WATERLOO — Normally a bubbly, optimistic presence at county briefings, Peoples Clinic co-medical director Dr. Sharon Duclos took to the podium Monday on the verge of tears.
Duclos, along with medical directors from Black Hawk County’s two hospital systems, MercyOne and UnityPoint, described the surge in COVID-19 patients who have to be hospitalized and the health care workers on the front lines, wearing raincoats instead of medical gowns and cloth masks over their scarce N95 masks.
But it is the patients not allowed to have their family by their side, even as they lay dying, that is most devastating to Duclos.
“You see the impact on the family who have to sit at home and can’t be with their loved one, who have to FaceTime when somebody is going through one of the most traumatic experiences of their life,” Duclos said. “I’ve never seen that before in my life as a physician.”
As of Monday, Black Hawk County had registered 1,346 cases of coronavirus in the county, the highest number of cases in the state, and as of Tuesday had the state’s third-highest number of deaths, at 12.
The county also had the fourth-highest infection rate per capita, with 1% of the population infected. Officials estimate they’ve so far tested 2,500 county residents.
But officials lamented they continue to get calls about residents gathering, and lamented the mixed messaging from Gov. Kim Reynolds, who announced Monday that 77 of Iowa’s 99 counties would begin to reopen for business starting Friday. Black Hawk County was not among them.
“I know earlier, with the governor’s press conference, there are some counties opening up,” County Health Director Nafissa Cisse Egbuonye said. “But we are still seeing a surge. We are still seeing an increase in cases.”
Black Hawk County Sheriff Tony Thompson said those making the choice to go out, gather or not wear a cloth mask to the grocery store were putting front-line workers, particularly health care workers, at risk.
“Our first line of defense was and, quite frankly, still is our community,” he said. “And when that defensive line fails, we then rely on our health care specialists, our long-term care facilities, our nursing home staffs, because that battle then falls on their front doorstep. And that’s precisely where the battle lines have now been drawn.”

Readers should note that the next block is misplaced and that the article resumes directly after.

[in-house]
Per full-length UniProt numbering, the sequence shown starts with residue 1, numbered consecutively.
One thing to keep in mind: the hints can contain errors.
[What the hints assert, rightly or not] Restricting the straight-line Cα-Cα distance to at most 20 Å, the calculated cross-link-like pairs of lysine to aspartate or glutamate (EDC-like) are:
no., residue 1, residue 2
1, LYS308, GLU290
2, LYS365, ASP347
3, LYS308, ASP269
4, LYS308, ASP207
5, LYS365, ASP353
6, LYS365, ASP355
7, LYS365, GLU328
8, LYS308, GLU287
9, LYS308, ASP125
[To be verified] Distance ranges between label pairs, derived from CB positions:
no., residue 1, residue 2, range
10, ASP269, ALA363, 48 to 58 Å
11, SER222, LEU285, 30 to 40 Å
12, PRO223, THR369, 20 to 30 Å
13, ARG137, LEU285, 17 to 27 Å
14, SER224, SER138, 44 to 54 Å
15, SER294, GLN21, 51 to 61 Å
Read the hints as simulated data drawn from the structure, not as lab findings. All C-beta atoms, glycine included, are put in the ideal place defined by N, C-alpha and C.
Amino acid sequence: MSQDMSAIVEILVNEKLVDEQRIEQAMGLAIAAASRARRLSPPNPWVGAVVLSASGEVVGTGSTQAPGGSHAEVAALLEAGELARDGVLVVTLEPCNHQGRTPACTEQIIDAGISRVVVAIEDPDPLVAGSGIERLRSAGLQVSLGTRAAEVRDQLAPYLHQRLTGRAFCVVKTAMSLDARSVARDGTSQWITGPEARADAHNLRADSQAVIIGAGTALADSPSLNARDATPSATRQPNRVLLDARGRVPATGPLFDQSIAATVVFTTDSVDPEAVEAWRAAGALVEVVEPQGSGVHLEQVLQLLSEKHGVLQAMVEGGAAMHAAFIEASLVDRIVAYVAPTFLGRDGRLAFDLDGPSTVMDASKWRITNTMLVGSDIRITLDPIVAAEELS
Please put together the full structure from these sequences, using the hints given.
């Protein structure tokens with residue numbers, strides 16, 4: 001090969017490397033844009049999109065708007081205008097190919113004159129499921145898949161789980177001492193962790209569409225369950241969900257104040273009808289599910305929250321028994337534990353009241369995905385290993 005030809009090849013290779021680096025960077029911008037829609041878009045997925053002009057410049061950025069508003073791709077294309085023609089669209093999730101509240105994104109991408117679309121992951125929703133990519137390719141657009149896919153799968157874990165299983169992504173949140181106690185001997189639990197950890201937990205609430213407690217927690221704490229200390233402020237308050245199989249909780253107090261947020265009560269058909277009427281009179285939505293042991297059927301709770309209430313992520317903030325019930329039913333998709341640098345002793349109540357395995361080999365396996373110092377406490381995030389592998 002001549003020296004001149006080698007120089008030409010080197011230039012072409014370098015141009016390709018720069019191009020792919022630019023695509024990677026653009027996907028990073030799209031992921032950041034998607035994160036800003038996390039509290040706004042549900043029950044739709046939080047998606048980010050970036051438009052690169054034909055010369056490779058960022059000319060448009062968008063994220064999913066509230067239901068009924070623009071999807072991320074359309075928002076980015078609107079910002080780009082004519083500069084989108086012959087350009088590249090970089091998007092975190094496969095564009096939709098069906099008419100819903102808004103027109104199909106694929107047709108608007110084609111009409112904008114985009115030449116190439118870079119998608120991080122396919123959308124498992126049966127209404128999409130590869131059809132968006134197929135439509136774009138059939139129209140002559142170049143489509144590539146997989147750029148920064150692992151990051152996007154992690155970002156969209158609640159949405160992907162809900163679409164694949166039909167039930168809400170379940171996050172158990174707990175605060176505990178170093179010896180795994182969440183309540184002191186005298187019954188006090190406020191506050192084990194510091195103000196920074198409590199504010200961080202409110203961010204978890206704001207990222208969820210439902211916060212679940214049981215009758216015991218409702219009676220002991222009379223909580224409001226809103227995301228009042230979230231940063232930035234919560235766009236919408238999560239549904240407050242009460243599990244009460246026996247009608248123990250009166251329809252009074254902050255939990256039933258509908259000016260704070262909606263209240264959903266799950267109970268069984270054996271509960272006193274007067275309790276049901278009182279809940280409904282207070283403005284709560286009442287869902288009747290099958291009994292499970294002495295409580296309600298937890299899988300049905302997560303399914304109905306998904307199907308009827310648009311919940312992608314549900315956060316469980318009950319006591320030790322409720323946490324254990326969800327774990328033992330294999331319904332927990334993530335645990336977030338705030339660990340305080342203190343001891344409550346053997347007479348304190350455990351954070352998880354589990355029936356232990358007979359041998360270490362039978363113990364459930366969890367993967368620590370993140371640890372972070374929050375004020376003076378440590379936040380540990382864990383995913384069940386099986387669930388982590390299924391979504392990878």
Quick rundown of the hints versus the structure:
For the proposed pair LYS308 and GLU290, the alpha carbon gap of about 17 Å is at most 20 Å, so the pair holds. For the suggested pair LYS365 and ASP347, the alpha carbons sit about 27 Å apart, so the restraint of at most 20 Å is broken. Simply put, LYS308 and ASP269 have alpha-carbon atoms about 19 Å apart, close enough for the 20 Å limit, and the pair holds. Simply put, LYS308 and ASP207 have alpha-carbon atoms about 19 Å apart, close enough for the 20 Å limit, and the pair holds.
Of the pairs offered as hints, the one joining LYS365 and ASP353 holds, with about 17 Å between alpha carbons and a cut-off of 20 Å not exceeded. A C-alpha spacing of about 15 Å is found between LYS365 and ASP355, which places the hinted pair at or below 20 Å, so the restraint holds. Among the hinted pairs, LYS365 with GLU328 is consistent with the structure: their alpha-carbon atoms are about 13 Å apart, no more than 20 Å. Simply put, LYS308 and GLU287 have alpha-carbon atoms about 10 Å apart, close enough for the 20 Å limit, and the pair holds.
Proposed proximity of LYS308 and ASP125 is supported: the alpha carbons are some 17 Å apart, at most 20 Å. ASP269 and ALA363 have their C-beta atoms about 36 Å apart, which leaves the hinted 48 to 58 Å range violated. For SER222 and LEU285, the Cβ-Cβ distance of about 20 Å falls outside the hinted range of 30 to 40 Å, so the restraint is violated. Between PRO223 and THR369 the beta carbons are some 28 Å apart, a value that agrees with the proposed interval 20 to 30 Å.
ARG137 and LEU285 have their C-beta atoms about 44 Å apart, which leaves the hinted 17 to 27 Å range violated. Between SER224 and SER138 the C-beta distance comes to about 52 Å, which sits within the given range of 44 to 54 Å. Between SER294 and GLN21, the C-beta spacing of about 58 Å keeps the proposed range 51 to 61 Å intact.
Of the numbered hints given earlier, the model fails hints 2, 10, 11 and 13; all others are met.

MercyOne chief medical officer Dr. Matthew Sojka said administrators are “concerned” about the safety of their staff as the surge affects all facets of their organization.
Providers are trying to protect themselves and their patients by wearing personal protective equipment, he said, but there is no protecting his staff from the mental and emotional toll of the pandemic.
“It’s a very scary time for them,” Sojka said. “Patients that do end up on ventilators don’t do well with COVID. In New York, 90% of them passed away, (and) we see some of those numbers in the local community.”
UnityPoint has taken down the tent outside Allen Hospital as administrators realized it wasn’t needed — most people either call into clinics or are sent directly to the emergency room, said medical director Dr. Dan Glascock.
The hospital Friday opened a second respiratory clinic at its North Crossing location, citing a “high volume” of patients. It also is seeing the coronavirus attack its own ranks and the ranks of other health care professionals.
“It’s really starting to affect the people that are on the front lines now,” Glascock said. “It’s at this point becoming a very scary situation.”
That’s what keeps hospital administrators up at night, said Duclos — and that’s why she urges residents and businesses to help her slow the spread.
“It is a heavy load to carry,” Duclos said, choking up. “My biggest fear, as I encourage my staff to come to work every day, is ... I’m going to lose one of them. And that, I have to carry on my shoulders.”
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